The Palace of Olite is in the historic centre of the town of Olite, 42 km south of the city of Pamplona and to get there you can go by car or by bus from the capital of Navarra. To access the palace you will have to pay an entry of 3.5 euros per person and can be made in summer time, every day from 10h to 20h ( 10am to 8 pm). More on the palace and parador below.

Palacio Real de Olite : http://www.turismo.navarra.es/eng/organice-viaje/recurso.aspx?o=3153&

Parador de Olite : http://www.parador.es/en/paradores/parador-de-olite

The ancient inhabitants of al-Andalus (Andalucia) called these lands Fash al-Ballut, “The valley of the Acorns “, and today it is enough a walk by the place so that there is no doubt about the origin of such name. The region of Los Pedroches, in the north of the province of Córdoba, has been synonymous with dehesa for centuries, a natural environment that nourishes life and prosperity throughout the region for centuries, the Dehesa de los Pedroches-which presumes to be the largest continuous dehesa of all Europe- It has been the main sustenance of the region, providing wealth thanks to the breeding of lamb and, above all, the pampered Iberian pork-here prefer to Cochinos or filthy pig, a real star of local cuisine.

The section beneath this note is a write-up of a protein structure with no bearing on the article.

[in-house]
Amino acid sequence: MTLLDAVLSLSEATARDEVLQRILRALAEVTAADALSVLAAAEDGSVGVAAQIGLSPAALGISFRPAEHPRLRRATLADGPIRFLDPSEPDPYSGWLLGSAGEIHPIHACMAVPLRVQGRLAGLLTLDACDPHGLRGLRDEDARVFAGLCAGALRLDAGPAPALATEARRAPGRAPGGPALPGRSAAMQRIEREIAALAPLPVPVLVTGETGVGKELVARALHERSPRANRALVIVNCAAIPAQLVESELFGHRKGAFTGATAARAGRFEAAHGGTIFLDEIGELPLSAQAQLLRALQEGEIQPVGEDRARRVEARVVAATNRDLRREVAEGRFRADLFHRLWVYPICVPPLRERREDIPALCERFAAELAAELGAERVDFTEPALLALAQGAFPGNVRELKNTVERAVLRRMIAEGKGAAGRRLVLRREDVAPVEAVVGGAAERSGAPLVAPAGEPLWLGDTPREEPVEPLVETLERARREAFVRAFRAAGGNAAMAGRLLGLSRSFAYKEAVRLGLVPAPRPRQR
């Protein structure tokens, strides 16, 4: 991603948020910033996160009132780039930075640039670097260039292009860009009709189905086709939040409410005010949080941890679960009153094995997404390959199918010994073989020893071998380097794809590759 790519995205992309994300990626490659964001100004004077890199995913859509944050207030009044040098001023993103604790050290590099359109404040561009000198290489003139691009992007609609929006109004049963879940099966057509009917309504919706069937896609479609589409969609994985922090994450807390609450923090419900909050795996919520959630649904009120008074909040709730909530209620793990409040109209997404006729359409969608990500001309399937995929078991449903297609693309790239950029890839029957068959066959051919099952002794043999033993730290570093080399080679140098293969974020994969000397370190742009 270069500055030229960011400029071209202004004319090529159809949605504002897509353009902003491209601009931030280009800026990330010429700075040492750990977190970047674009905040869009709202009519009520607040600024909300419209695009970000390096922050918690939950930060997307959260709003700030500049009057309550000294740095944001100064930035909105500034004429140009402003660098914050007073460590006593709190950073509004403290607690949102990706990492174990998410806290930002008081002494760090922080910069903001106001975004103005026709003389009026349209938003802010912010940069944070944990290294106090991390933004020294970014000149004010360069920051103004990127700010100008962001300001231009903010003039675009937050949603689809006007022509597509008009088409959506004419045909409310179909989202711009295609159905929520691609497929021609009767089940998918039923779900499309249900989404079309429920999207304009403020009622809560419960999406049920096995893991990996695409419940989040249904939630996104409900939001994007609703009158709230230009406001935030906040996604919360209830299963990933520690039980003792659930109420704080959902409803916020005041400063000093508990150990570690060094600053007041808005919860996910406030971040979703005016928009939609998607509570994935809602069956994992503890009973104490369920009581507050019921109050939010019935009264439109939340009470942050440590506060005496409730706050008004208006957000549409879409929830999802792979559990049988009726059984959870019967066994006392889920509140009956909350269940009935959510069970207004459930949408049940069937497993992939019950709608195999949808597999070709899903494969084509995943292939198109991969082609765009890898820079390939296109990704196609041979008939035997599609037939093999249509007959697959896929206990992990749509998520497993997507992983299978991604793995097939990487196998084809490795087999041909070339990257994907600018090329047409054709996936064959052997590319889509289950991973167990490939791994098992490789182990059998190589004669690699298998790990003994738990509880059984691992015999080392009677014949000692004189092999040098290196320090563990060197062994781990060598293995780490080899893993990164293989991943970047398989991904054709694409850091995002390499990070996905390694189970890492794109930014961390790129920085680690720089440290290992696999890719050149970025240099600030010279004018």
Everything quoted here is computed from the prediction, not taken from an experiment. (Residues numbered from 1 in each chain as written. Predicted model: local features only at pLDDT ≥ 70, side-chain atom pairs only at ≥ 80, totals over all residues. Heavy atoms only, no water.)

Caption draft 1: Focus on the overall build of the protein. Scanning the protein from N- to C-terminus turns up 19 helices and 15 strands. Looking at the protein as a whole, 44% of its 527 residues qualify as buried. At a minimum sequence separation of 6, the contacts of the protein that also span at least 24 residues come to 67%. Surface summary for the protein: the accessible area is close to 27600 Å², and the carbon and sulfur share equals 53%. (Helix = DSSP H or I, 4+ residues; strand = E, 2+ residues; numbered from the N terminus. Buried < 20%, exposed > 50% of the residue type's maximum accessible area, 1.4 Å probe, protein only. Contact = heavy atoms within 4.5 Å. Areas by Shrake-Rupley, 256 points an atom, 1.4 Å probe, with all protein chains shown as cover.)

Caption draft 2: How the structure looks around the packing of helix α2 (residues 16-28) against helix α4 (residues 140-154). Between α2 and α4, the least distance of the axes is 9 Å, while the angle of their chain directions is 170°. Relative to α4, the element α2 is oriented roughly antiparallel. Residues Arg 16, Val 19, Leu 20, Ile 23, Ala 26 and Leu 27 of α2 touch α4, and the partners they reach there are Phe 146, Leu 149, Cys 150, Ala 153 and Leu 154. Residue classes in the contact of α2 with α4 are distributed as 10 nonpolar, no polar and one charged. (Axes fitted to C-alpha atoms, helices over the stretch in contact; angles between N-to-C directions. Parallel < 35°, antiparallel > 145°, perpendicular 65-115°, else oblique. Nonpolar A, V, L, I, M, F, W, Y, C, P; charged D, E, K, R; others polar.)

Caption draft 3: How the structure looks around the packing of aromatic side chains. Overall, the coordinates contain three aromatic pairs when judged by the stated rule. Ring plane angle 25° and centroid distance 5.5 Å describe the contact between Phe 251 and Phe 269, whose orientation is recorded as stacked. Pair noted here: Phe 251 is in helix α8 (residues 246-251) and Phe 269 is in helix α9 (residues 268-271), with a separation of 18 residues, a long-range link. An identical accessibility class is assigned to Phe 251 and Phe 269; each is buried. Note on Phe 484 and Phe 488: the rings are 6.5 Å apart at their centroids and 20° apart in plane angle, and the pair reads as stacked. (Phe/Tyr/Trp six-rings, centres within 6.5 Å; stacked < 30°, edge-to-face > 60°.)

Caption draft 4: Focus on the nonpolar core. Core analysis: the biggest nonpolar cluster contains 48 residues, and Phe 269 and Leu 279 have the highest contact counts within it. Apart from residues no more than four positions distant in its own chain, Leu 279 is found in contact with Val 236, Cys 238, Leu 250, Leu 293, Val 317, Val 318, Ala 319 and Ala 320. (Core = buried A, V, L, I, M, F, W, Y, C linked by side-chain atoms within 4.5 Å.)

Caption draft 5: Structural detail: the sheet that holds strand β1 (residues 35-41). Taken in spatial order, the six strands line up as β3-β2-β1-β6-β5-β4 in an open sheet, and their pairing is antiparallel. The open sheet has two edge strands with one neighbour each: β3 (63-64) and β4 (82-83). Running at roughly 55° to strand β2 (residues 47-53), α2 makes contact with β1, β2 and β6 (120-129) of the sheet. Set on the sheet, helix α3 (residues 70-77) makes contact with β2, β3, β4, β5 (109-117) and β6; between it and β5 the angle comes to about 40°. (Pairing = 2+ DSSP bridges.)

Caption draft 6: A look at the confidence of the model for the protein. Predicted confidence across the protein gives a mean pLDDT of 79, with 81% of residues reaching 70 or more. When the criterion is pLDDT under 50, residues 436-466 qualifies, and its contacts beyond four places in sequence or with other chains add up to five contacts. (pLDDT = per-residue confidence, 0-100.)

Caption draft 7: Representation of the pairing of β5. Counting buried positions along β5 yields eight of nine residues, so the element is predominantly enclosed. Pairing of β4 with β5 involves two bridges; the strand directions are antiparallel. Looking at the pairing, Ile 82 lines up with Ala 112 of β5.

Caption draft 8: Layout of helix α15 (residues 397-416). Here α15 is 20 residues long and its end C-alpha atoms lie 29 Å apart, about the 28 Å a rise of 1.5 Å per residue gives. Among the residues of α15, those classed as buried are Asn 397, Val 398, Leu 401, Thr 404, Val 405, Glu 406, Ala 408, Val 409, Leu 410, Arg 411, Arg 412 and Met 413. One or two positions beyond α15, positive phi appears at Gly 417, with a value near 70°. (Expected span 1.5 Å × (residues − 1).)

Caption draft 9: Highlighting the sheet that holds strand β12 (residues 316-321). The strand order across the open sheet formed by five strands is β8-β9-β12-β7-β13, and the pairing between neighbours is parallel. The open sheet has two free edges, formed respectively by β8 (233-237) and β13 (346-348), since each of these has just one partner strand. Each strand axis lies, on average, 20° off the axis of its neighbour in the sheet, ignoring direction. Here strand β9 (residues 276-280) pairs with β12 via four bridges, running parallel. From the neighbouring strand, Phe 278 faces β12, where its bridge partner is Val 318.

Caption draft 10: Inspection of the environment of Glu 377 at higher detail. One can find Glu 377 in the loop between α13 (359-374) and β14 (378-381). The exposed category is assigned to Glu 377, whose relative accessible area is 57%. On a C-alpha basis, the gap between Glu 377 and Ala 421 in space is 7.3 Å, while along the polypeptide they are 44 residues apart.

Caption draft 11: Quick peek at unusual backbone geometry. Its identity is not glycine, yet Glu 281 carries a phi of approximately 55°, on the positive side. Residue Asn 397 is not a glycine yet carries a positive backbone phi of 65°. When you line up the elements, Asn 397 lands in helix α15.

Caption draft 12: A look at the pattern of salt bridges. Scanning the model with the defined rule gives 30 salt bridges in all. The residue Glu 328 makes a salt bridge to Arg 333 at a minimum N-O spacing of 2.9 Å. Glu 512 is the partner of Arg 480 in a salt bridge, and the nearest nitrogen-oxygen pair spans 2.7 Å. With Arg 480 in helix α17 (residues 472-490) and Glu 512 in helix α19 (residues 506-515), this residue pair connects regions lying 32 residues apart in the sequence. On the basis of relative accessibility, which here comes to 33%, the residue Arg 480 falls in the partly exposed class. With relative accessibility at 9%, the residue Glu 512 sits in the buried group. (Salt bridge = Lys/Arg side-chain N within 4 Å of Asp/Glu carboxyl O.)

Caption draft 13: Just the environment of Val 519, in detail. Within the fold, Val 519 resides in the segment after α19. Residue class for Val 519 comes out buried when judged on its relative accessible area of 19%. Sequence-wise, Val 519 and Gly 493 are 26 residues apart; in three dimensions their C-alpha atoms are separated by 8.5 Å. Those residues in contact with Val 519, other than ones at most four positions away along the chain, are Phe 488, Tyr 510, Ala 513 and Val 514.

A D.O. Pedroches denomination of origin designation. Each herd enjoys a space equivalent to one hectare per pig , at Finca Las Lagartosas in Villanueva, tourists have the possibility to spend a day in the Dehesa to know all its secrets as you walk between Holm Oaks and Cork Oaks. In addition to the beauty of the landscape, the experience allows to taste the typical products or participate in a ham-cutting workshop. More in Spanish here: Finca Las Lagartosas